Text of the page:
Irrigation in Sandy Soil/Permaculture in Northeast Florida

KS needs some input on irrigation in the sandy soil of Northeast Florida:


“Hey David! I sent you an email a while ago and I absolutely love your blog. I’ve bought many of your books and they have been immensely helpful for me.
I live down a dirt road in a backwater town called ________ here in Northeast Florida. It’s nice and quiet which is perfect for a hermit like me. I have a one acre plot that is thriving with all sorts of plant, bug and animal life, I have yet to make any major steps but I am working on designing every square inch of it into a permaculture farm/garden. I have been working on identifying some plants around my yard and I’ve already found many edible species including cats ear, stinging nettle, dandelion, pennywort and tons of wild blackberry thimbles that produce deliciously tart blackberries in the warmer seasons. All of these are growing rampant without me doing anything. I even have prickly pear cacti.
I have a few questions that maybe you have dealt with in your gardening and permaculture adventures. The first one is about irrigation. I have several pine trees on my property and I plan on propagating them to grow more throughout my yard. I hoping to be self sufficient in this way by using the constant stream of pine needles as mulch. This way I don’t need to go out of my way to buy hay or wood chips, and I can know for sure that it’s not treated with dangerous chemicals. I had some initial worries about the pine needles increasing the acidity of the soil, but after researching I saw that as long as you use it as a mulch and don’t work it into the soil it should not increase the acidity by much if any at all. I’m hoping to build some food forests interspersed with annual hugelkultur and Ruth stout beds. I’ve seen some people talk about drip irrigation and build these cool PVC pipe set ups that spray water on a schedule. I live on a relatively flat landscape with barely any sort of contour, so swales may not work too well, I’m not sure. I’m planning on building a pond or two but my question is, how can I handle irrigation in a mostly natural way, especially for the initial few years when the trees I plant will still be young and need more water? I’m already planning on deep mulching, do you have any other suggestions to ensure my plants get enough water without building these grand irrigation systems?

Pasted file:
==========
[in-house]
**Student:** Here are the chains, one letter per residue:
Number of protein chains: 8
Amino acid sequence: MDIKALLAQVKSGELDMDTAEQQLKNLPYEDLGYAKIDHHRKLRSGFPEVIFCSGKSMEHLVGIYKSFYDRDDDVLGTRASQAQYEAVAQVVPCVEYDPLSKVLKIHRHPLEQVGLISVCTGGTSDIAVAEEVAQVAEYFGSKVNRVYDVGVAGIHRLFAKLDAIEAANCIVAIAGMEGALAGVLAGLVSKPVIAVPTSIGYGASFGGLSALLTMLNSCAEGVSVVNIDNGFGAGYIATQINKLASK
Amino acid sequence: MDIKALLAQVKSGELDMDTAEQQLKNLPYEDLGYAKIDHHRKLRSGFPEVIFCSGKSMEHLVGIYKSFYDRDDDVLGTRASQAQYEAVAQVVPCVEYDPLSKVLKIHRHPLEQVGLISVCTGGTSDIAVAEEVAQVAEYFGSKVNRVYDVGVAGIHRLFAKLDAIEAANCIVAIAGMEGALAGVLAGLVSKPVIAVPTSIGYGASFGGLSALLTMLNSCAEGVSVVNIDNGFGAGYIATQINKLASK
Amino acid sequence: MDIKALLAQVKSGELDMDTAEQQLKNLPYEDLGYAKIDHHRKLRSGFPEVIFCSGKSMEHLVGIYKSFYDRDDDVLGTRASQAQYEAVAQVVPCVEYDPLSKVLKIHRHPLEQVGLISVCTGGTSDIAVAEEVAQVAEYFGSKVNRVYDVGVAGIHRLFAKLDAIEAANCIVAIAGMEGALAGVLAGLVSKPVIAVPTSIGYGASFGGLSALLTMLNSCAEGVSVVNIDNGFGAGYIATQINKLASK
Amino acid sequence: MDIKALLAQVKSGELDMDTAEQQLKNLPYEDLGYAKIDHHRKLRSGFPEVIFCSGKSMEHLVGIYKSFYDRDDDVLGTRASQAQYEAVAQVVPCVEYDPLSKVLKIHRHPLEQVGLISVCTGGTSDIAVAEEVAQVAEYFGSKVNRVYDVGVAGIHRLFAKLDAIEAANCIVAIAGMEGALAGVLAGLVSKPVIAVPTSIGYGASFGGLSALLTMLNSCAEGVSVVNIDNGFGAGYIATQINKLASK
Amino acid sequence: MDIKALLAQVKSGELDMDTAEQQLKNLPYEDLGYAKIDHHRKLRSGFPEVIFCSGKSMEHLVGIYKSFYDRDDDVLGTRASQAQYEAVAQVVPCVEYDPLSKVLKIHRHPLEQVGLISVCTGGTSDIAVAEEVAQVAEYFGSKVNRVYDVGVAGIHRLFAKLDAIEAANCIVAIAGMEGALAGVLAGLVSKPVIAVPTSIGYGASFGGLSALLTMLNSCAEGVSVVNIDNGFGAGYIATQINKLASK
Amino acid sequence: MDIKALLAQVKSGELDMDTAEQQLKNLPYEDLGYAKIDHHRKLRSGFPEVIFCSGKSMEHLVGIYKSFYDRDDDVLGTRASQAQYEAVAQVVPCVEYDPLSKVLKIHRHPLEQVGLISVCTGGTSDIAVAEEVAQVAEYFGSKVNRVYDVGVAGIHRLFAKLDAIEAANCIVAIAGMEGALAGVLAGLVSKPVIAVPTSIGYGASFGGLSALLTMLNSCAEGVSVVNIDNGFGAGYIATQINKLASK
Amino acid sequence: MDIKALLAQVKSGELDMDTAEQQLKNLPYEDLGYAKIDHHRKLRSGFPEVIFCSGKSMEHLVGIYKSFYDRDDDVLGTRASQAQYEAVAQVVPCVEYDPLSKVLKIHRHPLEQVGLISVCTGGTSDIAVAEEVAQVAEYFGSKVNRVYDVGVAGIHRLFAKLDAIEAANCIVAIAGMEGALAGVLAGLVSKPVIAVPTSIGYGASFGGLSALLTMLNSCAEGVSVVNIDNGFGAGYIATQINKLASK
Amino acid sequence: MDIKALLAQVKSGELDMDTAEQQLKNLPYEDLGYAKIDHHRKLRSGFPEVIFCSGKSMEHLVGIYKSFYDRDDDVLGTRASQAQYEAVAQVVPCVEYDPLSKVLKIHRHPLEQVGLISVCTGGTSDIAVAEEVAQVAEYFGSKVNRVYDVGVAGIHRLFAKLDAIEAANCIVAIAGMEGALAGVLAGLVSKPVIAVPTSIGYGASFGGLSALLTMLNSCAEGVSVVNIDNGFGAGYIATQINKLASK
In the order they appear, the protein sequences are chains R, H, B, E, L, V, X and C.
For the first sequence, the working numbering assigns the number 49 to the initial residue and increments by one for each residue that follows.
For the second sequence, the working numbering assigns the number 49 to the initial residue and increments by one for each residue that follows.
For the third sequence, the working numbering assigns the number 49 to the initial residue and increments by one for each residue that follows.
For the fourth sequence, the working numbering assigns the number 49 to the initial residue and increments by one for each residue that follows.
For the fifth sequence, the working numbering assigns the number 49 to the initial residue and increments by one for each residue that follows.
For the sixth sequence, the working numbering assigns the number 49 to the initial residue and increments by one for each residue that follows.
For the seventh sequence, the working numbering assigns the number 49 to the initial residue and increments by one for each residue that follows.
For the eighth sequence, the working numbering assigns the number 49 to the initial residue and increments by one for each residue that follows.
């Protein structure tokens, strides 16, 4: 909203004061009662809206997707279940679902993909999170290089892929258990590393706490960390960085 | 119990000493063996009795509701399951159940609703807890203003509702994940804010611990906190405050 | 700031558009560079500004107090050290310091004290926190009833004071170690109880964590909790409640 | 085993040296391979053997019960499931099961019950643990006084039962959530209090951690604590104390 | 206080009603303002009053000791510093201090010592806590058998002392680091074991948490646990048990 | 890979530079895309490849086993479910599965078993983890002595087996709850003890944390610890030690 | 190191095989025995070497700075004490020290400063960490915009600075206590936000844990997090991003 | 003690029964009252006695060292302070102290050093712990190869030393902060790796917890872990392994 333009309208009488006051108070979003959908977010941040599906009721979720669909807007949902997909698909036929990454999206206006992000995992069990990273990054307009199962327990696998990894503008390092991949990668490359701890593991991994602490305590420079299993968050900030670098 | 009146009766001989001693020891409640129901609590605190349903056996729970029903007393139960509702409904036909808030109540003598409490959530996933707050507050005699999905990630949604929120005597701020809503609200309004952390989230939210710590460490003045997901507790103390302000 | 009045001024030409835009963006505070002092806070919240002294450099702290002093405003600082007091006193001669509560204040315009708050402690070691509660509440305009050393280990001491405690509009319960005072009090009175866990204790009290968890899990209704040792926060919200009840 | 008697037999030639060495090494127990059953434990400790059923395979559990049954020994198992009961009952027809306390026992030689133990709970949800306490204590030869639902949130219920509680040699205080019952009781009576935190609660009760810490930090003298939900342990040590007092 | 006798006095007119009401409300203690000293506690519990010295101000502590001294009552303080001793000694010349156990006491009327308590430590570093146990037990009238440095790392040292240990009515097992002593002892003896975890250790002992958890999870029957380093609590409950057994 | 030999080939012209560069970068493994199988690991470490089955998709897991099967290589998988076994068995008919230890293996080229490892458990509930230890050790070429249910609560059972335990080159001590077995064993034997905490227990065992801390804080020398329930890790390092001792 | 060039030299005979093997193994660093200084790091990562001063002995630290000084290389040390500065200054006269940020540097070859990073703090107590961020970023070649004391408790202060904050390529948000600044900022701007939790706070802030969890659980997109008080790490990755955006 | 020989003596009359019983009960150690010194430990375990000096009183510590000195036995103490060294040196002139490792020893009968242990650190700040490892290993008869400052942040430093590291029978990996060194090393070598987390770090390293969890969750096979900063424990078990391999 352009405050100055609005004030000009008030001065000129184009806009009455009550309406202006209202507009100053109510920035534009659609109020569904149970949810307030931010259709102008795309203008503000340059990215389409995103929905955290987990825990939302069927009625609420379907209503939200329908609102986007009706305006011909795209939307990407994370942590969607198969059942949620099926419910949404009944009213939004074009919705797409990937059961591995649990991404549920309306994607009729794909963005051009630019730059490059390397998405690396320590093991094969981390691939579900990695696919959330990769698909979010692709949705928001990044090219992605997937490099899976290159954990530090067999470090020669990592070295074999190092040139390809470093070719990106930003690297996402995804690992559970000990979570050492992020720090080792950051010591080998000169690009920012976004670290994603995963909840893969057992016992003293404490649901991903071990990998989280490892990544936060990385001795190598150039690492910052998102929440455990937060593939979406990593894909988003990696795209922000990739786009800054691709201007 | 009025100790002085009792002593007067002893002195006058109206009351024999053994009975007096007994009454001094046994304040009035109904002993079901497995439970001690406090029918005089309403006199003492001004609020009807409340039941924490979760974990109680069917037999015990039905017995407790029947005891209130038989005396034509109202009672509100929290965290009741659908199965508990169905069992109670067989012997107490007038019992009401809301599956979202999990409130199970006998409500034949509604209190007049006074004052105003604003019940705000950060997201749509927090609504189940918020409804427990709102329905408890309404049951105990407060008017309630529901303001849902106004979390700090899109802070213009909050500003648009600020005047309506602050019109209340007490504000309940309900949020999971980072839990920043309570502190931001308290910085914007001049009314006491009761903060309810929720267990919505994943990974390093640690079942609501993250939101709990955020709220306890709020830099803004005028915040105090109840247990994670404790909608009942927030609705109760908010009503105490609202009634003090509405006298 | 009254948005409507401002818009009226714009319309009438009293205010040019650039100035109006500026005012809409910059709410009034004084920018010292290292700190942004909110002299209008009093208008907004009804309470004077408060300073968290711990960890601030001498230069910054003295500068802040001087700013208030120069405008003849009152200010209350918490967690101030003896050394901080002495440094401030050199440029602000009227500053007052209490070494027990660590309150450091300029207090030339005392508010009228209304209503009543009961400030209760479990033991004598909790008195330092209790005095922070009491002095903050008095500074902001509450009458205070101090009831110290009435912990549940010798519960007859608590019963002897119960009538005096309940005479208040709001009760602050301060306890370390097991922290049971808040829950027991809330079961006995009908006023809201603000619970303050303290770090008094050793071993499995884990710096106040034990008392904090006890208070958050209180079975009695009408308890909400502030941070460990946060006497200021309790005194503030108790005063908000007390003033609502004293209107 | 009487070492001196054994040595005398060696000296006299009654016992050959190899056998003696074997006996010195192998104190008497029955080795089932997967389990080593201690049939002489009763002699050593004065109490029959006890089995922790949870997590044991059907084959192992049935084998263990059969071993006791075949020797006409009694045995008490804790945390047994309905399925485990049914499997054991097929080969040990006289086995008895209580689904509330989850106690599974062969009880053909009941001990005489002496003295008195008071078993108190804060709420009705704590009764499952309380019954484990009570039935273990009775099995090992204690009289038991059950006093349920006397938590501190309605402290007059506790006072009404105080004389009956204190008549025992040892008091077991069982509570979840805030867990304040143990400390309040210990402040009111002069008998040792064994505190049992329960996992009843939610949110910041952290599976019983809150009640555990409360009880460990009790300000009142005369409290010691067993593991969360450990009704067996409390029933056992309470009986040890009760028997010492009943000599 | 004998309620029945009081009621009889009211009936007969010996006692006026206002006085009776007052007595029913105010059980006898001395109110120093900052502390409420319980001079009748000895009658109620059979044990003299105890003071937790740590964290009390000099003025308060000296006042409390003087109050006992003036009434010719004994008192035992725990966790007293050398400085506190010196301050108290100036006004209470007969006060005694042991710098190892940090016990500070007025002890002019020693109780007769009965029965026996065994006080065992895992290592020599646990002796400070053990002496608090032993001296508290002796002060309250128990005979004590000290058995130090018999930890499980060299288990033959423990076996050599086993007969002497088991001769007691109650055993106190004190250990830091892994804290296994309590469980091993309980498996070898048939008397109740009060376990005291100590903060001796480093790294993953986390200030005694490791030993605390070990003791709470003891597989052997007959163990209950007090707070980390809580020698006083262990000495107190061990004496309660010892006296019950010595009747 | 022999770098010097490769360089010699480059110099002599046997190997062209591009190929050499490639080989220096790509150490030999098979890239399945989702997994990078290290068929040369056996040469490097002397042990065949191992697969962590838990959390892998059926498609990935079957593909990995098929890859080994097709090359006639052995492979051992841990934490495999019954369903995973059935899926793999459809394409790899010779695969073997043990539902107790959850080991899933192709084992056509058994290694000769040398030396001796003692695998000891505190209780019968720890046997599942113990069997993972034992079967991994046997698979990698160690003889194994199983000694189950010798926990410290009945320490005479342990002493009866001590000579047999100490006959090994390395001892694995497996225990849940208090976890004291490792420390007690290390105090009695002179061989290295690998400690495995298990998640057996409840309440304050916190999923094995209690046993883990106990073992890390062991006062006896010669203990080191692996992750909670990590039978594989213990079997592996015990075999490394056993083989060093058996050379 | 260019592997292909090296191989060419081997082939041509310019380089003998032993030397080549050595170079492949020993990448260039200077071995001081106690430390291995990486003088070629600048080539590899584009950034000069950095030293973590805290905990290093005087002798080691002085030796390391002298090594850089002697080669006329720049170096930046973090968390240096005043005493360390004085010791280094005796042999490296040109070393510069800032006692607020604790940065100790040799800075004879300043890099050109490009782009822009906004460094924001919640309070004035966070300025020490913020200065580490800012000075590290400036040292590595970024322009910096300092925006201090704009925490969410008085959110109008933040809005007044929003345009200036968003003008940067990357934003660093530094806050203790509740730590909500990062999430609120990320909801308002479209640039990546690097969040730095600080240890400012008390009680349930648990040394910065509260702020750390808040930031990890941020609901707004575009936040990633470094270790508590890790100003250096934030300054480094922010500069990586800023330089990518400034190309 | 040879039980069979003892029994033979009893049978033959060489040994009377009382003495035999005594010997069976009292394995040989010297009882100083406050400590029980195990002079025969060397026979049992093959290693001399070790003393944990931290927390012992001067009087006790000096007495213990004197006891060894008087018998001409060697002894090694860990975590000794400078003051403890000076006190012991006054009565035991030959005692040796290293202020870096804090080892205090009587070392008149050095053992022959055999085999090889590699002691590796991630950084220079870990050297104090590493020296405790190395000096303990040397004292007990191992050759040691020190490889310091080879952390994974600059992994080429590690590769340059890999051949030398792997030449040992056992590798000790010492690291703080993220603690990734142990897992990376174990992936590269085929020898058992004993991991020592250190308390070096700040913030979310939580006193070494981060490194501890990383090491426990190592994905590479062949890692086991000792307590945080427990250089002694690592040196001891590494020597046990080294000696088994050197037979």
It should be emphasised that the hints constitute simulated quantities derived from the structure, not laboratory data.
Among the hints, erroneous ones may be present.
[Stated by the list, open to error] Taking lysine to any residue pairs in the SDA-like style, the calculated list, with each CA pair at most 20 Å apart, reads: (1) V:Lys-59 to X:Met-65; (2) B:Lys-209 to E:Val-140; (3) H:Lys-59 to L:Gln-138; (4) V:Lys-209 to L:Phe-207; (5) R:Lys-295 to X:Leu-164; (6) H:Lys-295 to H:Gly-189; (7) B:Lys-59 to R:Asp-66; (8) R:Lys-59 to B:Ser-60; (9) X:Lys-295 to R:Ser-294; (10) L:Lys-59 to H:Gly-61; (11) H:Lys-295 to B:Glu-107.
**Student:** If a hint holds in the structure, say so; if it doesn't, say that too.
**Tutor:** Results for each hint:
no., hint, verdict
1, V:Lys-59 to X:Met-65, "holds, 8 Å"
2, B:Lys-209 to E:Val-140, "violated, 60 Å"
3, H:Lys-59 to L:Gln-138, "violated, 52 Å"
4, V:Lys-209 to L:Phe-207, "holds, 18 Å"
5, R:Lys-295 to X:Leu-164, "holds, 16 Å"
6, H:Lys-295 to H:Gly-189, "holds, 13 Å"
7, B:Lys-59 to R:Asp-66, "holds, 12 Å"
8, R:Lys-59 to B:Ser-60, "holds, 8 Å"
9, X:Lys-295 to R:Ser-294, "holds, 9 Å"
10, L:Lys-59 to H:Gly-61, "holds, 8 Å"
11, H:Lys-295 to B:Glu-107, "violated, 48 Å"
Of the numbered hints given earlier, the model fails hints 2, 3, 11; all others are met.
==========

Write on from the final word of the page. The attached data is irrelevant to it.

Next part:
Yes, the irrigation is important. Because you have cactus and pines, the ground is almost certainly sugar sand. It drinks water like crazy. I am not a fan of drip irrigation, especially in Florida. It may be more efficient, but the set up time is a pain and the constant maintenance is a real pain. Squirrels will sometimes bite the lines as well. My favorite method is to put up stand pipes with Rainbird sprinklers (or an equivalent) on top over the areas that need the most water. I did this in my annual gardens and nursery. It spreads the water all over. Sometimes in sand the irrigation from drip pipes will go almost straight down so some plants do well but those farther from the pipes do not. For the trees, I would plant in fall or winter and water them in, then mulch heavily and water once a week later on, soaking them well. I dragged a hose around, which took a lot of time, but was only needed for the first year.


My next question is about septic tanks and drain fields. There’s a drain field right in front of my house. I know that growing food or building any sort of raised bed would be a bad idea for that. I’ve been debating what I could plant or grow there that could be of some use to me. I was perhaps thinking a flower garden for beauty and attracting pollinators or insects, or let it grow with weeds and grass that I can them collect and use to mulch and compost. Do you think any of these ideas are good, and do you have any suggestions for this as well?”


I grew grapes right over my drainfield. They did well and weren’t a problem. Planting trees over it is a bad idea but I wouldn’t worry about most everything else. If you’re concerned about chemicals going down the drains, you should just throw around a lot of wildflower seeds and other useful plants and let it be a natural area – or just let the native weeds grow, giving predator species a good place to live, along with providing food for pollinators.
I made big epic seed mixtures and threw them around open patches. Mixes like this:
It is good that you’re already identifying the useful and edible species. You might simply cut pathways through the brush and maintain them with a weedeater, saving the useful plants and giving yourself easy access.
Swales in flat, Florida sandy areas are probably a no-go. I never bothered.
One thing you need to consider is that many species might not like that scrubby land all that much. Here are some ideas that might help you pick easy ones for your area. I’m not sure if you have palmettos or not, but they’re a common understory for pine.
Keep mulching like crazy, and grow plants for mulch, like Tithonia diversifolia and nitrogen fixers. Foliar feeding also works better in sand than does trying to get compost on everything. The soil just eats compost right up.
Good luck and write any time.


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